Beginning with Homeschooling (15)

The Mother in the House

Your wife shall be like a fruitful vine within your house, your children like olive plants around your table. Behold, for thus shall the man be blessed who fears the Lord (Ps.128:3-4).

He makes the barren woman abide in the house as a joyful mother of children. Praise the Lord! (Ps.113:9).

One of the mistakes we’ve been making in the church for over a century now, is neglecting the Bible’s teaching on the role of women, and specifically mothers. We’ve commonly liked the idea of babies, but what then? This has caused us no end of pain, as the world has taken a lead from our inaction, and gone on to make all sorts of foolish and evil assumptions about what it thinks mothers ought to be doing, with some dire consequences.

The teaching responsibility of godly parents begins with the father. We see this in Genesis, when God speaks of Abraham, declaring that

I have chosen him, so that he may command his children and his household after him to keep the way of the Lord by doing righteousness and justice, so that the Lord may bring upon Abraham what He has spoken about him (Gen.18:19).

Alongside this, the woman’s original role given before she was created, was to help her husband. According to the Bible, every mother has a powerful and influential role as a teacher as well.

Proverbs 1:8 says:

Hear, my son, your father’s instruction and do not forsake your mother’s teaching.

Proverbs 6:20:

My son, observe the commandment of your father and do not forsake the teaching of your mother.

Proverbs 31:1:

The words of King Lemuel, the oracle which his mother taught him.

Proverbs 31:26:

She opens her mouth in wisdom, and the teaching [or law] of kindness is on her tongue.

Song of Solomon 8:2 says

I would lead you and bring you into the house of my mother, who used to instruct me.

Today, when a woman says, “I’m just a mother,” it tells me that she’s been brainwashed by someone. Someone’s convinced her there is something diminutive, second-rate or of little consequence about what she does. Like Eve in the garden, she’s believed a lie.

Mary Pride, in her book “The Way Home,” is helpful here:

Careerism is based on an inferiority complex, as follows.

  • Only men’s work has worth. Women’s traditional work is useless.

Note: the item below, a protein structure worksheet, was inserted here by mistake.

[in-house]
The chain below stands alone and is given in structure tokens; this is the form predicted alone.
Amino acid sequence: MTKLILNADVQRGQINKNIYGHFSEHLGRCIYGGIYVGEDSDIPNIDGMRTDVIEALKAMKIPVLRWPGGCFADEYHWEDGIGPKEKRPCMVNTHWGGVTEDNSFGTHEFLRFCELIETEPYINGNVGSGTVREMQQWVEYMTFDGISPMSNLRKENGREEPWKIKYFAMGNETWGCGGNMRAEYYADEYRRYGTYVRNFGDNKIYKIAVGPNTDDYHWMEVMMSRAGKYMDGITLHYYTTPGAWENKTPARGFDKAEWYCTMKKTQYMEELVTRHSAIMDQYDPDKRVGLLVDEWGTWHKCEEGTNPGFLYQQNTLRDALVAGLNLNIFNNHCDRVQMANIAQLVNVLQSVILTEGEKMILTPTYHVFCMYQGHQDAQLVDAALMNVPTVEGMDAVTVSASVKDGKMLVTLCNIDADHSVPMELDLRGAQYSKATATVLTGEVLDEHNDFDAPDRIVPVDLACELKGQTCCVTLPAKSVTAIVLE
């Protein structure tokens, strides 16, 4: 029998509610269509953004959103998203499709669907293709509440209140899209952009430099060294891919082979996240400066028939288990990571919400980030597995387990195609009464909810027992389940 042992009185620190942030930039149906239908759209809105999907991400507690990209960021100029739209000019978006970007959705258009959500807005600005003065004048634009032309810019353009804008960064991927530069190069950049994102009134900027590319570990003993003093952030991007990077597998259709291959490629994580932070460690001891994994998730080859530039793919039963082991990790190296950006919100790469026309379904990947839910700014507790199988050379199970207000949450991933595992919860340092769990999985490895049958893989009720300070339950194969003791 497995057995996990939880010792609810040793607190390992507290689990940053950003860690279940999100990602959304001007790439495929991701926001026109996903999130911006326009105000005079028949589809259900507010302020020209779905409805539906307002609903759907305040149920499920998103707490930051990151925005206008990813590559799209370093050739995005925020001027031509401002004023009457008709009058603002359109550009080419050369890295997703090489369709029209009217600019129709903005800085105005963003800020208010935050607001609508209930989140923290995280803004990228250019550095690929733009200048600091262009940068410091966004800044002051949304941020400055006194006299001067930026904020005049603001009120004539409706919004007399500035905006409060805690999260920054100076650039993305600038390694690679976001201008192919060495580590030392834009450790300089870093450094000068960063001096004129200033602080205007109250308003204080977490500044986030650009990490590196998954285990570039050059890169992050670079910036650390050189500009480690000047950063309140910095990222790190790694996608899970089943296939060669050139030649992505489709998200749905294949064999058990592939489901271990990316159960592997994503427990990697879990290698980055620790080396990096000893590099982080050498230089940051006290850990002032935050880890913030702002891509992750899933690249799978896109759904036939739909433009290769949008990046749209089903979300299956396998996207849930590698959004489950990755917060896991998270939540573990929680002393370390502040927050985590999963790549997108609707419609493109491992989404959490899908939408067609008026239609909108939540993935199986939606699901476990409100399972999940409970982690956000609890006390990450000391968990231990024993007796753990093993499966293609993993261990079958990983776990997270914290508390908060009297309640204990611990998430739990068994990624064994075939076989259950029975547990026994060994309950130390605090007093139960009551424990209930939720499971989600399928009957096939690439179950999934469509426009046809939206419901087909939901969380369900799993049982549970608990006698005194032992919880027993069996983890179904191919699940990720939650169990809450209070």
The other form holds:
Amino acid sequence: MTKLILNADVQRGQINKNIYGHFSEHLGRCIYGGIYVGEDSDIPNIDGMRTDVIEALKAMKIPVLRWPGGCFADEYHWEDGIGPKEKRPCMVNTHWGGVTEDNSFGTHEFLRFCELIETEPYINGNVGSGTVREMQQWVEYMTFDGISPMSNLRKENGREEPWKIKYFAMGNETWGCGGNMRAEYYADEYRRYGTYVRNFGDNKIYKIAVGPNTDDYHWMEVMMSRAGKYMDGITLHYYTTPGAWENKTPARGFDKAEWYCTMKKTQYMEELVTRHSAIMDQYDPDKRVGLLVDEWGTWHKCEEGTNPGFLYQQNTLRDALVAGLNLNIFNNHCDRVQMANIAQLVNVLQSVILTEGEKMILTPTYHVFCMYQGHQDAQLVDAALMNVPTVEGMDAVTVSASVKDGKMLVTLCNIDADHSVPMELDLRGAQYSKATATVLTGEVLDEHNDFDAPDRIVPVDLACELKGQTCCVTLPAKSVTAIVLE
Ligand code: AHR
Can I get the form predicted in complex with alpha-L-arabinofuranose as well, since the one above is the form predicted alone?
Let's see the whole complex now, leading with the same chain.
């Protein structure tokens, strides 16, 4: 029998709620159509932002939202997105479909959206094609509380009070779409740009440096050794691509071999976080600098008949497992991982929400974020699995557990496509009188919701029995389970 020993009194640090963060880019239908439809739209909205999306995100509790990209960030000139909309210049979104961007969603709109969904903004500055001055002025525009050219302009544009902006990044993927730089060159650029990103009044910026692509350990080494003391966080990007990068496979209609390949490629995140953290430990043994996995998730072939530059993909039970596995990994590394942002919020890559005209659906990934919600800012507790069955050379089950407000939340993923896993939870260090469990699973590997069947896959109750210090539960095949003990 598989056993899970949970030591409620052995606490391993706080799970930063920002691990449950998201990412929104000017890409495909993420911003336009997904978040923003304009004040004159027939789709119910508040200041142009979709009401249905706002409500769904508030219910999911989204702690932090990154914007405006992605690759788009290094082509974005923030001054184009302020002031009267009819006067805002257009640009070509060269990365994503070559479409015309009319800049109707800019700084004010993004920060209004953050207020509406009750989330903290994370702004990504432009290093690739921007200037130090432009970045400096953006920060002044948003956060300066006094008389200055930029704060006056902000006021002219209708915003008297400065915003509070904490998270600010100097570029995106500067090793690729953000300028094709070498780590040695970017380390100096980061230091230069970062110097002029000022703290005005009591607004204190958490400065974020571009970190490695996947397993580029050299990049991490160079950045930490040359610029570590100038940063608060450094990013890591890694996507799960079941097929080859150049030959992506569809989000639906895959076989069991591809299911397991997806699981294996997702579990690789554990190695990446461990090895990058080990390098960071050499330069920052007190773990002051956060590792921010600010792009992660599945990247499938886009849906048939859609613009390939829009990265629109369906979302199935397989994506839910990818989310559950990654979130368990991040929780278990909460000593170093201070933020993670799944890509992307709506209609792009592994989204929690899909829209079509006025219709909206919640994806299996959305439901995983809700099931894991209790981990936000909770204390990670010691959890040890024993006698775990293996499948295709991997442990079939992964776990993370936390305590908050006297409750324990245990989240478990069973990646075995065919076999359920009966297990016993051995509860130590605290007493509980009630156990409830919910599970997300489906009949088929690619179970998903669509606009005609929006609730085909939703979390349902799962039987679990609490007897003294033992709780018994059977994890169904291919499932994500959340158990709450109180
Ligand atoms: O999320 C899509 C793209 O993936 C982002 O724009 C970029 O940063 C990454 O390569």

• Therefore, I must get a job to prove I am somebody. If all the action is out in the men’s “economic-opportunity sphere,” well then, we’ll all have to crowd into that end of the bus.

But ‘tis not so, not so at all. As I sat there that day in the doctor’s office wondering what word would better express my career than “housewife,” a word flashed into my head. Homeworking. That word is the centre of the passage in Titus [ch.2:5] which tells young wives how to live a Christian life.[1]

It’s no accident that humanists have been attacking for centuries the thought of mothers being at home with their children. They hate the notion, because they understand that the godly home is the cradle of the Christian faith for any society. They understand the powerful teaching role mothers can have with their children, and they will crawl over broken glass in their attempts to subvert this.

With the Russian Revolution in 1917, the Soviets knew what they had to do. They soon declared that

[The Soviet family] is an organic part of Soviet society. Parents are not without authority … but this authority is only a reflection of social authority…. In our country he alone is a man of worth whose needs and desires are the needs and desires of a collectivist…. Our family offers rich soil for the cultivation of such collectivism.[2]

If you thought these ideas would have been limited to Communist nations, you’d be in for a rude shock. The West has been increasingly drinking from the same ideological well as the Communists, since their revolution. Forty years ago an American woman declared that

If we want to talk about equality of opportunity for children, then the fact that children are raised in families means there’s no equality…. In order to raise children with equality, we must take them away from families and communally raise them.[3]

Conclusion:                                                                                                                                 It’s powerful when that Christian mother is requiring that Johnny memorise a verse of scripture, use an adjective in a sentence, or is teaching Suzie to recite her times tables.  Why?

Because they have entered into a process with their children that almost inevitably will lead to much, much more than just the knowledge of sentence structure or multiplication. They may not have recognised the implications, but they have begun a process in their family that God has ordained since Genesis.

In that home and family, the beginnings of social reformation are taking place. Given time and the faithful obedience of generations, the fruit of this promises to be nothing short of remarkable: the reconstruction of families, churches, communities and whole nations.

And for what goal? The re-establishment of a Christian culture, and a God-honouring Christian civilisation in the world.

Christian mothers should get out of bed tomorrow, with a plan. Will you?

 

[1] Mary Pride, “The Way Home,” 1984, p.132.

[2] Soviet family theorist Anton S. Makarenko, “The Collective Family, A Handbook for Russian Parents,” pages xi-xii, 42.

[3] Dr. Mary Jo Bane, Assistant Secretary of Administration for Children and Families at the US Department of Health and Human Services, 1993-1996; currently Thornton Bradshaw Professor of Public Police and Management, Harvard Kennedy School; quoted in “The Family: It’s Surviving and Healthy” by Dolores Barclay, Tulsa World, August 21, 1977.

 

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